If you’re sort of new to Oasis and their back catalog, you may not realize the extent to which they seemed to ‘borrow’ from other artists. The Beatles have been cited as an obvious influence, but there are more. Lots more.
Lead guitarist Noel Gallagher crafted numerous lyrics that came to define a generation. But there’s no escaping the talk of possible plagiarism that often surrounded him and the apparent musical thievery scattered in amongst their discography.
There are many examples of guitar riffs and catchy melodies that sound almost identical to past musical influences. Here are seven times Oasis “nicked” other famous songs.
Supersonic/“My Sweet Lord” by George Harrison
At first, it’s hard to imagine how Oasis’ grungy rock debut “Supersonic” even remotely compares to this delicate offering by the Beatles guitarist.
Yet at 1:44, moments after lead singer Liam Gallagher rasps the line “Nobody could ever hear him call,” and that muddy chorus comes to a close, brother Noel launches into an all too familiar guitar solo.
Although performed in a slightly lower key, the arrangement is almost a perfect match for Harrison’s acoustic noodling from more than two decades earlier.
Shakermaker/“I’d Like To Teach The World To Sing” by The New Seekers
This British folk tune cemented its pop-cult status when it was chosen as the anthem of Coca-Cola’s famous 1972 TV advertising campaign. Oasis cheekily lifted large chunks of its melody to hang “Shakermaker”‘s twelve bar-blues style swagger around.
Noel Gallagher even went one step further, originally penning the following lyrics at the start of verse three, a version of which can still be heard in the band’s early live performances: “I’d like to teach the world to sing in perfect harmony. I’d like to buy the world a Coke to keep it company.’
Following the mention of a lawsuit, Oasis’ label Creation Records persuaded Gallagher to rework his track, which would instead include a local Manchester reference to ‘Mr. Sifter’ the record shop owner and the randomness of ‘Traffic Lights’ turning green.
Cigarettes And Alcohol/“Bang A Gong” by T-Rex
The glam rock-inspired riff found during the opening to “Cigarettes And Alcohol” is unquestionably unoriginal and probably the most shameless of Noel Gallagher’s “borrows.”
Its classic chugging intro that kick-starts track eight on Definitely Maybe is nearly identical to the one so famously crafted by Mark Bolan way back in 1971.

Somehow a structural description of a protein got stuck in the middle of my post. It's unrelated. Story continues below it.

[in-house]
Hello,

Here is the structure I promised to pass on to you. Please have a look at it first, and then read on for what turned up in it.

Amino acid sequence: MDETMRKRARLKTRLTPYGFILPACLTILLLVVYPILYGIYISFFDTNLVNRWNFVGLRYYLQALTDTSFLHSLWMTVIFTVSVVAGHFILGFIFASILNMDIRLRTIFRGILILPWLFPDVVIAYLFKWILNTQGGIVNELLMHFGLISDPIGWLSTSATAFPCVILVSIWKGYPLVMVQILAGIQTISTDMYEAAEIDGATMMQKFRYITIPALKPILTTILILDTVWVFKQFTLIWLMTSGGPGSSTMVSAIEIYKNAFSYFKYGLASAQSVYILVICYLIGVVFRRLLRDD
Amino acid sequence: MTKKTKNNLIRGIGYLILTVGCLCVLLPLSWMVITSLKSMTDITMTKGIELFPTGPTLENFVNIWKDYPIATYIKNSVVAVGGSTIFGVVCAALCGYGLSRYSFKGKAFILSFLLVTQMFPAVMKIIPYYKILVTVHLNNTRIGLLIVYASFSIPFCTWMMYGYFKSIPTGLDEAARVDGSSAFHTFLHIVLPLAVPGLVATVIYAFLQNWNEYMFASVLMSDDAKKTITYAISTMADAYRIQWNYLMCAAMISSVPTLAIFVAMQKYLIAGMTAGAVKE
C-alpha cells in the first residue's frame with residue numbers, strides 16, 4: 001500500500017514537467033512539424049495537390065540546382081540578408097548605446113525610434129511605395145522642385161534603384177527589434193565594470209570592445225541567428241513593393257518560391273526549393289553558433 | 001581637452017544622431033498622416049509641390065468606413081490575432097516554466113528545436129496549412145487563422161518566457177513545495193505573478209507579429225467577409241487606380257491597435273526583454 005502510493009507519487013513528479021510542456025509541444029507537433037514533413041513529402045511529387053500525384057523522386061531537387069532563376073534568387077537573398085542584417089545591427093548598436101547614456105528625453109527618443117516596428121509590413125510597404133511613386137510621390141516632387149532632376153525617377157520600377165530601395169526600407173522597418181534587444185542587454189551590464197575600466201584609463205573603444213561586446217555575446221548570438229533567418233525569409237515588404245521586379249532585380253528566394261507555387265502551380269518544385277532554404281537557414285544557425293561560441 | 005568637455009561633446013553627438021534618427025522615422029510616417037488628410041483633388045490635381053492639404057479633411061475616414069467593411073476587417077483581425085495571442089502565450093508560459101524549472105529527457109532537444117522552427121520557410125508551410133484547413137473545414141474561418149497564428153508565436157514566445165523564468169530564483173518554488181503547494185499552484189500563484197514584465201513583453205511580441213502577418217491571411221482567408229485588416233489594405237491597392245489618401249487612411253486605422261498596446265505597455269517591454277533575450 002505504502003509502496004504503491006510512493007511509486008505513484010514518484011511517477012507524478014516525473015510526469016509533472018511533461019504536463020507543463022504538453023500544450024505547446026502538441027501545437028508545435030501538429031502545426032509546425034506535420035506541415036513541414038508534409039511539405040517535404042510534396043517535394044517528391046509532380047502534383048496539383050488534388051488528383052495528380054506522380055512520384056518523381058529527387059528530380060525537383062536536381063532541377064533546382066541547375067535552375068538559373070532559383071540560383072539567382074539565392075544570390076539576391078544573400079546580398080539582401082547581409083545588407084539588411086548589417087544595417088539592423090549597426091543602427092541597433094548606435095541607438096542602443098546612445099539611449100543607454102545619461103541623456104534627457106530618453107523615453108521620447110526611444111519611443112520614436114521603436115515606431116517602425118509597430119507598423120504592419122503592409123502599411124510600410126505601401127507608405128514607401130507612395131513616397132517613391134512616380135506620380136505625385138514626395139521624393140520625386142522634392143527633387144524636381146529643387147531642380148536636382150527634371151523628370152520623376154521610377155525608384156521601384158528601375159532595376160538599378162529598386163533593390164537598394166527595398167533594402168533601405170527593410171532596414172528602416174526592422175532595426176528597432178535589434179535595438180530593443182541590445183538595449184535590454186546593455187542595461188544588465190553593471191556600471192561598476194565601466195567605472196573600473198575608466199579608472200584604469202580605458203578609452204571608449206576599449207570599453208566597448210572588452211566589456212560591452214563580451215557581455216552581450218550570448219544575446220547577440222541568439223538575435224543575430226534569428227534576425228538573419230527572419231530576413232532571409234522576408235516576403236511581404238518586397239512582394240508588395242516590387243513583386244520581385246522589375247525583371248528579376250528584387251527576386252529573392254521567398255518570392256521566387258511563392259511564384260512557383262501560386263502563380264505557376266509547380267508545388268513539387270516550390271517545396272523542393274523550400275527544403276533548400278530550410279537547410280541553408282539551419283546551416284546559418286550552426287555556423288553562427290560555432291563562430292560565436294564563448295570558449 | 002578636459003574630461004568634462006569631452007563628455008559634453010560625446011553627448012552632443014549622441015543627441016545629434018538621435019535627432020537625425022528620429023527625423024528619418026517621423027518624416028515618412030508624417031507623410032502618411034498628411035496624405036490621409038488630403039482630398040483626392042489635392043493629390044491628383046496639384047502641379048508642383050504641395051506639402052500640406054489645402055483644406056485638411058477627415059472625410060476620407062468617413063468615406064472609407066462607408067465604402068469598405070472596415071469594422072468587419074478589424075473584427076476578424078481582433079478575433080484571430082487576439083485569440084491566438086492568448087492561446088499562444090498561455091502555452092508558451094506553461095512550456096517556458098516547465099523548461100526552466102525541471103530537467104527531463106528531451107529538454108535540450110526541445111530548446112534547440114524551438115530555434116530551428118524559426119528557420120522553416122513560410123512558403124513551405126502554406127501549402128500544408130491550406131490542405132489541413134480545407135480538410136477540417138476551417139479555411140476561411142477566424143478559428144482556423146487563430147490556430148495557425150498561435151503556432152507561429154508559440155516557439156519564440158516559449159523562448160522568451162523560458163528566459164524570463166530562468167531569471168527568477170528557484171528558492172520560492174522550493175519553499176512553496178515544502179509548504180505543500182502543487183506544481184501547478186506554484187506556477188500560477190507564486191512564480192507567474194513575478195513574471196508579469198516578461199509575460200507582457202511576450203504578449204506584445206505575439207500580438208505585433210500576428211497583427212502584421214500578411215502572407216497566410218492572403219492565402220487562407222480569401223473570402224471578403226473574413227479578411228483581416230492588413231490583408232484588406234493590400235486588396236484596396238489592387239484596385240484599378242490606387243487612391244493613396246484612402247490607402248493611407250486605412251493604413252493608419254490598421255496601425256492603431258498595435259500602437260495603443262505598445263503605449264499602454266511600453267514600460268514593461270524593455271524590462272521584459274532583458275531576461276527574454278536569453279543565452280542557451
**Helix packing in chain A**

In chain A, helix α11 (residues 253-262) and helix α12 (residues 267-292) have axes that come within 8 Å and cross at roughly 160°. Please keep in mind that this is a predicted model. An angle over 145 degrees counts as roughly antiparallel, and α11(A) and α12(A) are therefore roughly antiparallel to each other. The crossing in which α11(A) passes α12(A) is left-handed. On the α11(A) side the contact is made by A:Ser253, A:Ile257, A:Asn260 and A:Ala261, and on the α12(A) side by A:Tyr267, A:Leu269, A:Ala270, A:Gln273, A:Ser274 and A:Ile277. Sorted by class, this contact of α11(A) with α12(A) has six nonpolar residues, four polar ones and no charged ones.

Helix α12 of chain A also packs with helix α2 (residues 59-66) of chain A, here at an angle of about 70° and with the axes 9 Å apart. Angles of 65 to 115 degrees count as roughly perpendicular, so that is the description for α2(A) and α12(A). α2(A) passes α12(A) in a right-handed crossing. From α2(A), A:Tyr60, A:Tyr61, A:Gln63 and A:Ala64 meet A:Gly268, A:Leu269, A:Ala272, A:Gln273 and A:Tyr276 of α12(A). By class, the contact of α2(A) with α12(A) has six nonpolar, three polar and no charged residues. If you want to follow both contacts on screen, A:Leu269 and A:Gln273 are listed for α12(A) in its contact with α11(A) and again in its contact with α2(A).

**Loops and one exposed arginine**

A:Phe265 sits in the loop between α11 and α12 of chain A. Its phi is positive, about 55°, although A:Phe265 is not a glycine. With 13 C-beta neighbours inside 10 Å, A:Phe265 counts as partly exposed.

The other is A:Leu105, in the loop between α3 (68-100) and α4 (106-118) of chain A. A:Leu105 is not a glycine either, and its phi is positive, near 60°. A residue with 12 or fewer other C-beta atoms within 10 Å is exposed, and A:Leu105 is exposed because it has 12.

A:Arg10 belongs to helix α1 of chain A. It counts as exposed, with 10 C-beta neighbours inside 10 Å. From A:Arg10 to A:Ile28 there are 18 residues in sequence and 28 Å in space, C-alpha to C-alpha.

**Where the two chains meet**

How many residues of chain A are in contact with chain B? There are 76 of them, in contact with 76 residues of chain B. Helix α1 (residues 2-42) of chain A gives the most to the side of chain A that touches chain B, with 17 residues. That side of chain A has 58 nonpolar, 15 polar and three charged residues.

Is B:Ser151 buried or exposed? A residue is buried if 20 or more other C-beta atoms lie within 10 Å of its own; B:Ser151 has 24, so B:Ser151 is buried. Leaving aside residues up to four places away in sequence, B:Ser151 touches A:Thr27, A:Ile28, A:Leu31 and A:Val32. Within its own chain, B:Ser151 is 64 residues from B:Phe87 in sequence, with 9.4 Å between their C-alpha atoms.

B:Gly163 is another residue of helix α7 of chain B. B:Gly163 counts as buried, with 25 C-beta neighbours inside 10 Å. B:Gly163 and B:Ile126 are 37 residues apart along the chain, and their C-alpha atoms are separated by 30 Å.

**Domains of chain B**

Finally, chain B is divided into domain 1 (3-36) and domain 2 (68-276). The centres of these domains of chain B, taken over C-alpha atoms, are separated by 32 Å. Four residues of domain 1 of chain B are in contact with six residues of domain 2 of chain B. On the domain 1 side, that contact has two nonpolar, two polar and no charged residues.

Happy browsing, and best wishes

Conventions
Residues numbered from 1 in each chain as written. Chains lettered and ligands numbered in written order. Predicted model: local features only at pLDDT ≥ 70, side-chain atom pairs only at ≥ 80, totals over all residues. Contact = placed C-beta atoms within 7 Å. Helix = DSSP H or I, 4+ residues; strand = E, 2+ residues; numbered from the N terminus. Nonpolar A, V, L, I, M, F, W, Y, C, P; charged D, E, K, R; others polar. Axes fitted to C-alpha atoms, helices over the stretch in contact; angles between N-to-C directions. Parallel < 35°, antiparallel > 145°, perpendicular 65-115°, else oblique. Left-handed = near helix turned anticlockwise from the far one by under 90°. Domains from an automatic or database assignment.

Despite everything, the sheer brilliance of his working-class anthem makes his theft almost forgivable. In fact by the time listeners reach the end of “Cigarettes And Alcohol’s” first chorus, on hearing the T-Rex riff again, it quickly feels a little more original and before too long is somewhat forgotten.
Morning Glory/“The One I Love” by R.E.M.
The groove and swirling roar of “Morning Glory,” the title track from Oasis’ second album, is the main culprit for this particular instance. A driving chord progression throughout both verse and chorus sequences, created by the pairing of bass line and rhythm guitar, sounds incredibly similar when compared to the vibe of R.E.M’s 1987 hit single “The One I Love.”
There’s also a subtle addition to this powerhouse Oasis tune that makes the copy even more noticeable. Listen out for a wave of jangling electric guitar which mimics the R.E.M recording perfectly.
She’s Electric/“With A Little Help From My Friends” by The Beatles
“She’s Electric,” offers two derivative moments for the price of one. The first is a very famous example and the other is a hidden gem very few fans will know.
It’s perhaps one of the worst-kept secrets that Beatles influences scatter themselves across the Oasis discography. As a nod to their love for the Fab Four, those closing moments of “She’s Electric” duplicate the soaring harmonies that help to bring “With A Little Help From My Friends” to an end.
Step Out/“Uptight (Everything’s Alright)” by Stevie Wonder
Raucous toe-tapper “Step Out” was originally intended to feature on Oasis’ hugely successful second album (What’s The Story) Morning Glory. Yet the similarities between its chorus and that of Stevie Wonders’ “Uptight (Everything’s Alright)” quickly raised issues of plagiarism.
When comparing both tracks side by side, intentionally or not, there’s no denying that Noel Gallagher leans heavily on Wonders’ 1965 hit. To avoid legal problems, it was decided “Step Out” be removed from the LP’s tracklist and instead now features as a B-side on 1996’s Britpop hymn “Don’t Look Back In Anger.”
The Hindu Times/“Same Size Feet” by Stereophonics
Much of Noel Gallagher’s copycat behavior is often attributed to the band’s output during the 1990s. But this signature lead guitar riff from their 2002 release “The Hindu Times,” is evidence that he was still prone to a musical “lift,” even in the band’s later years.
Note for note, the main hook of “Same Size Feet” by British rock band Stereophonics, is clearly repeated throughout Oasis’ sixth number-one single.
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